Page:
When announcing New Zealand’s move from COVID-19 alert level 3 to 2 last week, Prime Minister Jacinda Ardern acknowledged the efforts of Team New Zealand – our five million population who ‘formed a team, and as a team, created a wall of protection for one another’.
That statement personifies our PM’s leadership in driving the response to COVID-19 and it has made a positive difference. Our successful approach has five key factors at its core:
Compassion: Sympathy and concern for the misfortune and sufferings of others has been at the heart of the approach, from support to businesses, community welfare provisions, understanding the needs of key sectors like local government and the easing of legislative burdens.
Clarity: The nature of the task was made clear to everyone – from the announcement of a four-stage alert system in mid-March, the moving through those levels and in daily messaging to the country.
Level 1 warned COVID-19 was here but was contained. A preparation phase of personal hygiene, border restrictions, contact tracing and limits on mass gatherings were all implemented.
At level 2, we understood the virus was contained but the risks were growing. This meant further border measures, events and travel cancelled and remote working wherever possible.
At level 3 we understood the disease was difficult to contain, so measures were stepped up again, and non-essential businesses and public venues closed.
Level 4 was sustained transmission (implemented after 109 confirmed cases) with strict lockdown and everyone at home until COVID-19 was under control.
A national emergency was declared under level 2, providing a clear chain of command from central government to localities. Initially health led, this morphed at level 3 to a whole of government emergency response. Our lockdown and border responses have been among the most stringent in the world and government has an 80% satisfaction rate for its handling of the crisis.
Communication: Not just from our PM, but from the director general of health (DGH) Ashley Bloomfield – who has become a national treasure with memes and a fan club to boot. The population have been treated like grown-ups from the outset, with information shared daily about cases, clusters, testing, personal protective equipment and our prospects. We’ve known each of the evidential tests that meet the levels and at every stage have been prepared for a move up or down.
Daily briefings at Parliament are broadcast live to the nation at 1pm fronted by The PM and DGH on a shared stage. They are science and fact led,with no swashbuckling and grand gestures. The consistency of presenters in the PM and DGH has given the nation confidence and security in these uncertain times as has their empathy and understanding. While of course we had the Easter Bunny classified as an essential worker, we were also reminded that in moving to lockdown at 109 cases, Italy also had faced 109 cases once, and we would ‘go hard and go early’ – a real Kiwi sporting metaphor.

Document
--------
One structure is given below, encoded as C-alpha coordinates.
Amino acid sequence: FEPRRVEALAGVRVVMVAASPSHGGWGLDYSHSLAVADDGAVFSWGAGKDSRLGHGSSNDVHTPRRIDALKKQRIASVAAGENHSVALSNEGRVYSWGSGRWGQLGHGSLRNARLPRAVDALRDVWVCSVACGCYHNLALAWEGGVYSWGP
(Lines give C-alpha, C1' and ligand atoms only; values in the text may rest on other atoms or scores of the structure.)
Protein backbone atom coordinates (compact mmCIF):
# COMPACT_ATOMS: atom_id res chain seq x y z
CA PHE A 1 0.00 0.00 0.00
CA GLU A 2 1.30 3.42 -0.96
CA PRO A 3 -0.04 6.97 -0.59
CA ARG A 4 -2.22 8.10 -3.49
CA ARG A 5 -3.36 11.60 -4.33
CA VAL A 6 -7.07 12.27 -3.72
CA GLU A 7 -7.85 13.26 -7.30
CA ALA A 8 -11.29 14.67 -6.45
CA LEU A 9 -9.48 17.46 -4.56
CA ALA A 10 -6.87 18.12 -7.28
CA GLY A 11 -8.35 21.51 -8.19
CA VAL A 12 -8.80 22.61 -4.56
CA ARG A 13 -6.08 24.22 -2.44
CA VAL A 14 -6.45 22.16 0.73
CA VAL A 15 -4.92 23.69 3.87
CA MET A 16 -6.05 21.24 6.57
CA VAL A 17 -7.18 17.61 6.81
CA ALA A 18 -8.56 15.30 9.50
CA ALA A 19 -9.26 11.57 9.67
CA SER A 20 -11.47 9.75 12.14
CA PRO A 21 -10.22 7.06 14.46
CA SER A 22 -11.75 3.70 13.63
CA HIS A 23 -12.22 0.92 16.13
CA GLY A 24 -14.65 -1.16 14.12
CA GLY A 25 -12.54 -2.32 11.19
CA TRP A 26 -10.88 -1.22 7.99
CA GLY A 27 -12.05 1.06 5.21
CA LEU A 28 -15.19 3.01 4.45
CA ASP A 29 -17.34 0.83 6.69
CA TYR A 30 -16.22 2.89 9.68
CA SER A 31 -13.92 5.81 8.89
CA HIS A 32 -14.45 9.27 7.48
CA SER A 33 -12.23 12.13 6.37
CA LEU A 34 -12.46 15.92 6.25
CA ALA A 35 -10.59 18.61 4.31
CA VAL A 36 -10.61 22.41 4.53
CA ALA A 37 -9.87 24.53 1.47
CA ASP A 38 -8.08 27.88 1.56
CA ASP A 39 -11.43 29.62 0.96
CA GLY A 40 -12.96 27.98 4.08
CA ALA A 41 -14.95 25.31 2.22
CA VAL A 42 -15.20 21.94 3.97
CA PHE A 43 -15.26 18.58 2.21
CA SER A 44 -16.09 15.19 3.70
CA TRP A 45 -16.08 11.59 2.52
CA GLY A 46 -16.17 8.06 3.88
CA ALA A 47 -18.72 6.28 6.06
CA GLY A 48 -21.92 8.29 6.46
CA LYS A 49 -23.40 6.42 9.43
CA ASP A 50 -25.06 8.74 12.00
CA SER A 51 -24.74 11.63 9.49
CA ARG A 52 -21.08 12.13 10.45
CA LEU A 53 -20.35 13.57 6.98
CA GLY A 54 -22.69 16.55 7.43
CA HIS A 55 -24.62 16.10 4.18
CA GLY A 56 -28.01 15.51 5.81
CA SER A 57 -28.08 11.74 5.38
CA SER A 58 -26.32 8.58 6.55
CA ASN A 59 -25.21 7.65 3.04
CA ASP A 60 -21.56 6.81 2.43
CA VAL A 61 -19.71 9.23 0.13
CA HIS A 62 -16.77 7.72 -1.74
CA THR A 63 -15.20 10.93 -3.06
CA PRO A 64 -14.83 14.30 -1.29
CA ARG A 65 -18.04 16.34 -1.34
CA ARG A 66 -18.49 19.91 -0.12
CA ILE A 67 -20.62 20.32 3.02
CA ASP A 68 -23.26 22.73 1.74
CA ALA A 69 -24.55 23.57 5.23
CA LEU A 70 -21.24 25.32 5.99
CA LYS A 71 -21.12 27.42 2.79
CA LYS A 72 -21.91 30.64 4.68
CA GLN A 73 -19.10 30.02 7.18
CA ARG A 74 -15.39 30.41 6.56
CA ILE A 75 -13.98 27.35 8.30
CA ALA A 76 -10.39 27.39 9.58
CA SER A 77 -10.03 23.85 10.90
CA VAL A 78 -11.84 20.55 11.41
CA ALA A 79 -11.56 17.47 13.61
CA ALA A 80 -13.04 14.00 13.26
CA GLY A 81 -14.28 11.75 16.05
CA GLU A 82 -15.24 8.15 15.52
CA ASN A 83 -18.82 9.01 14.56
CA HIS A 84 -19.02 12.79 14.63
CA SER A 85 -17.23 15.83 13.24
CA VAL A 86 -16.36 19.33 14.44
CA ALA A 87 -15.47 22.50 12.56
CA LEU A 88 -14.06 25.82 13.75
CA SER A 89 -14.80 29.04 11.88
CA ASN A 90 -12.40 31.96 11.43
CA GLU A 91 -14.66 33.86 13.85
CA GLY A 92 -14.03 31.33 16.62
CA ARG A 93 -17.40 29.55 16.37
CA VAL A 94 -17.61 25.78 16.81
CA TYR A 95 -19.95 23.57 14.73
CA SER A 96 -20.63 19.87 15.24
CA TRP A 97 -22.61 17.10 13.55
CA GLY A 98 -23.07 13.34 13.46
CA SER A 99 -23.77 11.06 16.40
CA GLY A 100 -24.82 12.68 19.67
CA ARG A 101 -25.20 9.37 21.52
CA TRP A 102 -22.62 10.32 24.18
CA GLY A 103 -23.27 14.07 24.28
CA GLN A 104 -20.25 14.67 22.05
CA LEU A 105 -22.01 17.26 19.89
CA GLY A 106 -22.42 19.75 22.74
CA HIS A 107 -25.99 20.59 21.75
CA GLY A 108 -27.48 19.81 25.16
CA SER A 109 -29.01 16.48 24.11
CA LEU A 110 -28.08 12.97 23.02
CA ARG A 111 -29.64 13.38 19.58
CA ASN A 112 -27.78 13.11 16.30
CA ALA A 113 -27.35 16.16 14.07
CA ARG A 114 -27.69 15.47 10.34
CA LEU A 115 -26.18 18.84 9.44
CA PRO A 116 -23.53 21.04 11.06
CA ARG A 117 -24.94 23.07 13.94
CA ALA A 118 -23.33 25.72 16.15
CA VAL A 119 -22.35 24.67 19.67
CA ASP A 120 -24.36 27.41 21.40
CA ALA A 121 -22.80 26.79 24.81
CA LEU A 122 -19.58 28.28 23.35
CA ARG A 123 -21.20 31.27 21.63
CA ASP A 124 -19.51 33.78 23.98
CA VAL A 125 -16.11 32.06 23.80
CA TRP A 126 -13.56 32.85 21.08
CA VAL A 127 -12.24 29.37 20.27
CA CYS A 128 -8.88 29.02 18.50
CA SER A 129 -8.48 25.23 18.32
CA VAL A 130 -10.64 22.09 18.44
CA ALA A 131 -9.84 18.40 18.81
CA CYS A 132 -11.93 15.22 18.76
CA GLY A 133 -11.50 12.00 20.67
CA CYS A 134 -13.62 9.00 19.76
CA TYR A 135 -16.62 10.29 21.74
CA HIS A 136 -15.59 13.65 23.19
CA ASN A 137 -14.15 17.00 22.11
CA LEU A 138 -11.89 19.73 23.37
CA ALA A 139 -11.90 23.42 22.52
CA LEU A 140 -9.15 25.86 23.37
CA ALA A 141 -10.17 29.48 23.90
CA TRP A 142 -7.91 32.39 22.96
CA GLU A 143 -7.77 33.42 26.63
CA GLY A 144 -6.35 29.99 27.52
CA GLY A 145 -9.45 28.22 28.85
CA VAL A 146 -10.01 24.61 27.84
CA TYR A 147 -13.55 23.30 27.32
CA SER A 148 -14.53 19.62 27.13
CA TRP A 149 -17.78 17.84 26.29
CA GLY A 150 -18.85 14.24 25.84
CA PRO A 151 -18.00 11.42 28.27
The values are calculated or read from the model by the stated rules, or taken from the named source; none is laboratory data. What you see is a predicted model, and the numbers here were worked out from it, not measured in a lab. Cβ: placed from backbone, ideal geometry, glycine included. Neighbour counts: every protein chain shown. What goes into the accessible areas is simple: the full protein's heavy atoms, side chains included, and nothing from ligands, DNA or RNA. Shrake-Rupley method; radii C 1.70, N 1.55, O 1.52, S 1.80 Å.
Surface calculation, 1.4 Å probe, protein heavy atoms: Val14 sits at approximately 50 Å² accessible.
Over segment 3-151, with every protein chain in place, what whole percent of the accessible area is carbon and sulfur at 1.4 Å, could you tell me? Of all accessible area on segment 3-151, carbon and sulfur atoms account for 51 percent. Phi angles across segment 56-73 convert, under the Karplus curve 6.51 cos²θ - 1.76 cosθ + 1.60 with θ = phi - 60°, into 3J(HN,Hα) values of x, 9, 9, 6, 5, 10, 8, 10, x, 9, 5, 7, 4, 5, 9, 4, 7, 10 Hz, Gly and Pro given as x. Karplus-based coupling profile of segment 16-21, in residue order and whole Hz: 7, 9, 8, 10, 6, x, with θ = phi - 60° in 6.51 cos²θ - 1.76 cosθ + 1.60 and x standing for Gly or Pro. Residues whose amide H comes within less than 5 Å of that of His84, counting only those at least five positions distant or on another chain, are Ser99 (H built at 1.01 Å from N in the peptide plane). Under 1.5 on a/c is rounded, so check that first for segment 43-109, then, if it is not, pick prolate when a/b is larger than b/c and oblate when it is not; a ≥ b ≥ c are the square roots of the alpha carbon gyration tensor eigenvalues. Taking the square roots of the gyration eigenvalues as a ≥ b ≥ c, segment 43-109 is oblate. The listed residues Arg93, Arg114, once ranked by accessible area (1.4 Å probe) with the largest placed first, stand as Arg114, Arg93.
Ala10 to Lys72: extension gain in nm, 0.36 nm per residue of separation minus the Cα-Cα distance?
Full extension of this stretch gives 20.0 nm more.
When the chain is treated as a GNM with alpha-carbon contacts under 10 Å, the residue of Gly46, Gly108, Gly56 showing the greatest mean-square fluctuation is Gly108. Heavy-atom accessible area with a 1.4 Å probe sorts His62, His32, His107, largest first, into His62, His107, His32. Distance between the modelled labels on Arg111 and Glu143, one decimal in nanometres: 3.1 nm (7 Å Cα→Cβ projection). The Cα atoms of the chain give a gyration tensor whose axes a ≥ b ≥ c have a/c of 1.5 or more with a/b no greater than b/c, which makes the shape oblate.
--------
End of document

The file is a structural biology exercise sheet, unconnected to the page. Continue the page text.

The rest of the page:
How many leaders do you know who jump on Facebook live in their casuals after putting the toddler to bed to have a chat to the nation and answer questions? More locally, I’m proud to work alongside the country’s youngest Mayor – and he has Facebook ‘Lived’ with the community in Lower Hutt daily throughout the crisis. We do a joint chat weekly to update our communities and answer questions. This level of communication brings connectedness and it shows we care in what could otherwise be a real vacuum.
Collaboration: At the start of March, New Zealand’s sponsoring department, the Department of Internal Affairs, set up a COVID-19 response unit jointly staffed by them alongside SOLGM (New Zealand’s ‘Solace’) and LGNZ (New Zealand’s ‘Local Government Association’). We’ve designed guidance together which was endorsed at a national level, got messages into government and out to the nation, and we have weekly conference calls where advice is sought and given. We’ve put forward emergency legislation, and jointly identified problems and sourced solutions. It’s always a challenge to join up across the whole of government and locally, but we’ve done a pretty good job together. The nation is better for our collaboration.
Citizens: Last but by no means least, the approach to COVID-19 has been citizen focused – and this takes me back to where I started. We are all in the same boat, working as a collective to adapt and protect one another. No heroes and generals, no wars and glory, no government saviour of us all.
None of that, so we can work together where we live to find a new and sustainable normal. I’m looking forward to that leadership continuing and playing my part in it.
Jo Miller is chief executive of Hutt City Council. She is a past president of the Society of Local Authority Chief Executives and a former chief executive of Doncaster MBC